When he established the Internet Archive, Kahle acquired a building in an old army barracks in San Francisco; he envisioned the archive as something of a national park for bits. Now, much of the Web is contained in a bay of hard drives in the basement. “It’s a Sisyphean task,” says Kahle. As they pushed the boulder up the hill, the archivers thought, Since Web pages change over time, why not record with that in mind? So recently, they’ve built a “Wayback Machine”: a browser that lets you set the time. If you want to surf the Web as it was back in, say, 1996, just turn the dial.
Why do these efforts matter? Few things are more precious than the record of experience, whether it’s distilled in a journal or encoded into DNA by evolution.
Consider horrific extinctions. When marauding empires want to kill a culture, they cut out its heart. The Romans sacked and burned Alexandria. The Nazis burned books and people. The Khmer Rouge murdered teachers and artists, obliterating the cultural soul of its country. Al-Qaeda stabbed at the heart of modern capitalism-the World Trade Center. Shortly after the buildings imploded, office papers fluttered into the gutters of Brooklyn, miles away. Undoubtedly many companies, running close to the bone, couldn’t afford to safely clone their archives in more than one place. Those companies are out of the corporate gene pool forever. Even when people are fortunate enough to survive, the irrevocable loss of institutional memory, as recorded on paper and disks, makes rebooting a business impossible. Fire insurance is nice to have, but if your house burns down, insurance can’t restore memories.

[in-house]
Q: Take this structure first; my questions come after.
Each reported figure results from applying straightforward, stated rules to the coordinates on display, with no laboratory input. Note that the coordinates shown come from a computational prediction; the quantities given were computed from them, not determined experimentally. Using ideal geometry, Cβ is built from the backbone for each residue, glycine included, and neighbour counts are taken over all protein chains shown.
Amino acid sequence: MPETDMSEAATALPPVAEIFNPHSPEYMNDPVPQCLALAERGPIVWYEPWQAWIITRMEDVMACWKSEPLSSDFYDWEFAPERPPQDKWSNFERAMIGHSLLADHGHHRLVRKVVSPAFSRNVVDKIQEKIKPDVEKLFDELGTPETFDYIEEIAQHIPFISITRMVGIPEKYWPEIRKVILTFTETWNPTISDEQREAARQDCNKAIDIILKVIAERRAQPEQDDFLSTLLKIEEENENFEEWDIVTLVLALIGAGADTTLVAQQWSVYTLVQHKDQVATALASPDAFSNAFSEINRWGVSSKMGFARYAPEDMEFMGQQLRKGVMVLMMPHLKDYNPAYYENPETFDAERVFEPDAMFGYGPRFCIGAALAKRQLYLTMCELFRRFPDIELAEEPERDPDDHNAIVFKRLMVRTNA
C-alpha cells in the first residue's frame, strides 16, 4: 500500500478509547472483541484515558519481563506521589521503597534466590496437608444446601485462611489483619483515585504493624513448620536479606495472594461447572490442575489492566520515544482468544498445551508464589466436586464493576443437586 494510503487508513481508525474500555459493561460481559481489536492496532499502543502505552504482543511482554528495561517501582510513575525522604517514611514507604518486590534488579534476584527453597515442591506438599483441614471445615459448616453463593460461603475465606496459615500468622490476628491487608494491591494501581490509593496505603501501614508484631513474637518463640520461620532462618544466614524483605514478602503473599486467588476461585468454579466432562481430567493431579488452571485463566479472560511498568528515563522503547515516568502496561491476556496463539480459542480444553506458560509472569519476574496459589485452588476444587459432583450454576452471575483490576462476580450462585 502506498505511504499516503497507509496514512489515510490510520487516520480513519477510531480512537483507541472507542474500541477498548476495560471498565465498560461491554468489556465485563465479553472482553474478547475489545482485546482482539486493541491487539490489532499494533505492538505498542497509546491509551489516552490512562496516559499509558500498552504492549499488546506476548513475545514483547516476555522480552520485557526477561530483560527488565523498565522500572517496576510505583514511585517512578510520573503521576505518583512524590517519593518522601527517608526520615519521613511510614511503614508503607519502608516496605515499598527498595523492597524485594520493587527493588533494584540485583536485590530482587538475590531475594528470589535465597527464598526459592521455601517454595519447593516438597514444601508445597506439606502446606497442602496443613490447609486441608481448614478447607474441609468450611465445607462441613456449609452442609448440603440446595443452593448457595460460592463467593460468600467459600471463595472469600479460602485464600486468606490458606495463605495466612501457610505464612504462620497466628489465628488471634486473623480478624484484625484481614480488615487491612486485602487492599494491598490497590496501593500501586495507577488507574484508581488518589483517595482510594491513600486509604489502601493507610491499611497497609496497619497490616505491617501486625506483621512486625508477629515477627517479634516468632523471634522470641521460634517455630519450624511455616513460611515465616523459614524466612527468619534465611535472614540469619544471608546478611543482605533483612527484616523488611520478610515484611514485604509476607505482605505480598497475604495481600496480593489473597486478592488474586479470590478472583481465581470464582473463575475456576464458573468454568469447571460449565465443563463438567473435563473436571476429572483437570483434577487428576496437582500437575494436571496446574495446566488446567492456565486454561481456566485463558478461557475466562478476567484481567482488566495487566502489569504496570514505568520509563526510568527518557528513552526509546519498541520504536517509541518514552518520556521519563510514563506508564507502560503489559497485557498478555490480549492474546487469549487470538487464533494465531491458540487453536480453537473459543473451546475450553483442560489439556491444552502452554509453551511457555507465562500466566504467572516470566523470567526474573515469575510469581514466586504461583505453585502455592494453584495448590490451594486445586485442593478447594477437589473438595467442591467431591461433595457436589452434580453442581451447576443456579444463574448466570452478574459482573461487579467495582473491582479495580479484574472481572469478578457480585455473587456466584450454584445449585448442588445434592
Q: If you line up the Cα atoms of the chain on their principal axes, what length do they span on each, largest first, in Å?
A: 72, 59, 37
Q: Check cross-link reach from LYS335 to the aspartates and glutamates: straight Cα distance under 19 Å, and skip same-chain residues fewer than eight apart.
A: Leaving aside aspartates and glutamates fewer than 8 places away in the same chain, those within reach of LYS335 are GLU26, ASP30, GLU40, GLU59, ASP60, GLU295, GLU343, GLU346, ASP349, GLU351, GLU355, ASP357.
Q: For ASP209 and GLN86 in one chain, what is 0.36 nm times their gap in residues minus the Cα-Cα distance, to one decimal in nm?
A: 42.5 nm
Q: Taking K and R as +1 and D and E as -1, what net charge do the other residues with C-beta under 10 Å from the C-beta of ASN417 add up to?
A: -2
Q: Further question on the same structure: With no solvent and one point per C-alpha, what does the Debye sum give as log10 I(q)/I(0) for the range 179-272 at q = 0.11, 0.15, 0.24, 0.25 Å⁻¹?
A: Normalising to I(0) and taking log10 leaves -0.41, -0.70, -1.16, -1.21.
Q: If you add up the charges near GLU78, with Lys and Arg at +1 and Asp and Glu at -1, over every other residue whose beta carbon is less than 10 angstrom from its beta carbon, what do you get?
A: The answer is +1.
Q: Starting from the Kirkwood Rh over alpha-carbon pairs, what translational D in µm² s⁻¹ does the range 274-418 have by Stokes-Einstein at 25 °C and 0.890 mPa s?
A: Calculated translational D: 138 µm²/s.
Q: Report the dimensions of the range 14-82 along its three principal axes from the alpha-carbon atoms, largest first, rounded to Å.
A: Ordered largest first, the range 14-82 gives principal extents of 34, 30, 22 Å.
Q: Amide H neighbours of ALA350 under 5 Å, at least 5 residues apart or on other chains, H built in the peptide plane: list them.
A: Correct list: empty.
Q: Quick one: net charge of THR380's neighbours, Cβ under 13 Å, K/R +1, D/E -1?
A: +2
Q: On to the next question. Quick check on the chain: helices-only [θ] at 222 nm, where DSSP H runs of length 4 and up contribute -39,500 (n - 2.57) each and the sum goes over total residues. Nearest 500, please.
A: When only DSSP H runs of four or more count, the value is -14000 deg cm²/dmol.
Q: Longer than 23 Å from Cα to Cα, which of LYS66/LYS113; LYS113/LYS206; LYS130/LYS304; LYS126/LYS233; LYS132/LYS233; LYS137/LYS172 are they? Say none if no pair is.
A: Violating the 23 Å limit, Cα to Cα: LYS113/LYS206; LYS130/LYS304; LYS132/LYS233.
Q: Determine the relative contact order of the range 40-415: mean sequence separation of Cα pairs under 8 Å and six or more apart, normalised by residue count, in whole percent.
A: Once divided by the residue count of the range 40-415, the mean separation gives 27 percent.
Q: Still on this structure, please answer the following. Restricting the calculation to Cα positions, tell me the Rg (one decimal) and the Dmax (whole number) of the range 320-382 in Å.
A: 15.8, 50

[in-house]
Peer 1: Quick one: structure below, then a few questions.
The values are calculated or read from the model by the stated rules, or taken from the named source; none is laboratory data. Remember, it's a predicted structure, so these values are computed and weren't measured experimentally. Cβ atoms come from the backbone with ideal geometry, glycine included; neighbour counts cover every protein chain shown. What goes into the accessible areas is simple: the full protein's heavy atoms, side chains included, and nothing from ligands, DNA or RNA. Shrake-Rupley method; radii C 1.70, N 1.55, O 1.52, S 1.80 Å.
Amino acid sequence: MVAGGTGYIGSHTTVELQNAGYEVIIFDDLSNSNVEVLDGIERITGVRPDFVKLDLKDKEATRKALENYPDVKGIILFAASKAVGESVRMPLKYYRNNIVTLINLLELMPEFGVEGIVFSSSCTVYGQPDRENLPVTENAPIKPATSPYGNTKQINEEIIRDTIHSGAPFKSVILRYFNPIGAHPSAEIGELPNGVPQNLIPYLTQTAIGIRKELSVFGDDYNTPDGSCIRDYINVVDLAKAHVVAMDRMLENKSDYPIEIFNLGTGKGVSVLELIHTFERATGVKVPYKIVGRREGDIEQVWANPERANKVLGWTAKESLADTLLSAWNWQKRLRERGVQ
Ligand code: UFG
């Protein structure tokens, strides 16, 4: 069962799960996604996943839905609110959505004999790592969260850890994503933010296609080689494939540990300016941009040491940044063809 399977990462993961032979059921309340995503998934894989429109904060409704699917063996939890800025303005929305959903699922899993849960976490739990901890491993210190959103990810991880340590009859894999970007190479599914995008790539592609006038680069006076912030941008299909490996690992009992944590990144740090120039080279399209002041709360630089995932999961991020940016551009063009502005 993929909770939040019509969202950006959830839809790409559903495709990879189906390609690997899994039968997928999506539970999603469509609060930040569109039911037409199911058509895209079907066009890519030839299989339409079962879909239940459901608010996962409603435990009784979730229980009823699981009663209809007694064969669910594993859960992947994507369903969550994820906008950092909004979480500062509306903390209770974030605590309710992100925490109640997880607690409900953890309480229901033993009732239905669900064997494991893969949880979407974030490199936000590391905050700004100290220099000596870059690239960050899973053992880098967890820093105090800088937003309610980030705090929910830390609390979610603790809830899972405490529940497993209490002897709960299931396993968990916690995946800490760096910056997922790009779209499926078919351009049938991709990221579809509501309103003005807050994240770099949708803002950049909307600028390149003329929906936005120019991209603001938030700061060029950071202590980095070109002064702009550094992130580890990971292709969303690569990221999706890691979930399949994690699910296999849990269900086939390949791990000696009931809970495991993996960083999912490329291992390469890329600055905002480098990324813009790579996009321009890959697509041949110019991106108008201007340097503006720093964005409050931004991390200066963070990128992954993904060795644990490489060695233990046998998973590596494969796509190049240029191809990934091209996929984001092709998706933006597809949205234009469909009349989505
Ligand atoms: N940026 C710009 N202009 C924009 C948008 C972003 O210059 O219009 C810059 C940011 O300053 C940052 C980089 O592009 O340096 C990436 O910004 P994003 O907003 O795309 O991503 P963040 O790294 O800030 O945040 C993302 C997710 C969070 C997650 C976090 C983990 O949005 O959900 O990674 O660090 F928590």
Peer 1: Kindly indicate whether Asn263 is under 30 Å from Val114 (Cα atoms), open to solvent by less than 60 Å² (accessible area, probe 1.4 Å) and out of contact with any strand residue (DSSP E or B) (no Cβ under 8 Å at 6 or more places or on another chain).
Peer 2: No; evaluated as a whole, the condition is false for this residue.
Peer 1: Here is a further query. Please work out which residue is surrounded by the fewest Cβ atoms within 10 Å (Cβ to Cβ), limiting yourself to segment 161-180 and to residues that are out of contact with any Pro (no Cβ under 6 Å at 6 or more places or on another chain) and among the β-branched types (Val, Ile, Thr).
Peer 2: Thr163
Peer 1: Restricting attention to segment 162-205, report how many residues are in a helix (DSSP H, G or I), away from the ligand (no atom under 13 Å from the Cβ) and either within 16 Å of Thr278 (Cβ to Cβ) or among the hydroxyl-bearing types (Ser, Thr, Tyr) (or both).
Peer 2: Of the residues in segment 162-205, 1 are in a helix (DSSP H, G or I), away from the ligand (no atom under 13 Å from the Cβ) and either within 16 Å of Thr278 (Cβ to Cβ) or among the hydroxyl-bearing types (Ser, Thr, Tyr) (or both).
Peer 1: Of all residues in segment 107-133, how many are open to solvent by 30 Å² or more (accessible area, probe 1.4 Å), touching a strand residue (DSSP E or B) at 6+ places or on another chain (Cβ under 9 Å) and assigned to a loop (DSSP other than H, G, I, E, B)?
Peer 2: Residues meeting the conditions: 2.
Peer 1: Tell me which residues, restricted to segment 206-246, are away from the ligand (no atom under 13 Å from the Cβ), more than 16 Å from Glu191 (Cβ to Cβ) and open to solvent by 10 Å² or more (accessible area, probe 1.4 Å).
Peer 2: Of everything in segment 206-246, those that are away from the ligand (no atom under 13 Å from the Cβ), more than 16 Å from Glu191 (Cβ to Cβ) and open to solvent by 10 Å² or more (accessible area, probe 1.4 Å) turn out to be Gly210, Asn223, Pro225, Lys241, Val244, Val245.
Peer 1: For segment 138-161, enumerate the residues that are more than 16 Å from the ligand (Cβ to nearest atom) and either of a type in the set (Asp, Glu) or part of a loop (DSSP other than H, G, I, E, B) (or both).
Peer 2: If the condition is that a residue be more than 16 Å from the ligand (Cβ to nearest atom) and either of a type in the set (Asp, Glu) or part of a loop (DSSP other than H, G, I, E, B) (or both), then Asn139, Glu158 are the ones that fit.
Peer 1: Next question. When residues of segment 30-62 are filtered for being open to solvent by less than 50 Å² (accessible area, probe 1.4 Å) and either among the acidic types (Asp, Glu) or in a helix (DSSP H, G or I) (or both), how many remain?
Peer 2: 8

If the surge in computer development has taught us anything, it’s that computer memory is so cheap and getting cheaper, so large and getting larger, that it ought to be considered free and infinite. And in a sense, the Internet makes transmission free, too. For the same reason a diffuse network can survive all but the most massively widespread catastrophes, diffuse memories cannot be extinguished. A little like DNA, the bits reside in active vessels and can be transmitted into the future.
Human beings survive as a species because we flock together. After a tragedy, families and communities draw closer. We reach out and hold onto each other. This is why we touch, and why we love. For the same instinctive reason, we gather our memories and cherish them. Pools of community memory gain depth and power over lifetimes. They allow us to reflect, to project and to carry our understanding beyond the here and the now. If you believe that earth’s living memories should live on-both the human record and the natural record-then you have to believe that efforts like the All Species Foundation and the Internet Archive really matter. But it is still a shock to many that such intrepid enterprises have scarcely begun.
This is my last column for Technology Review. The fledgling process of archiving global life and human thought is a profoundly important note to end on. The world is being transformed by technology, more radically now than ever, and it has been a pleasure to share my thoughts on things that matter.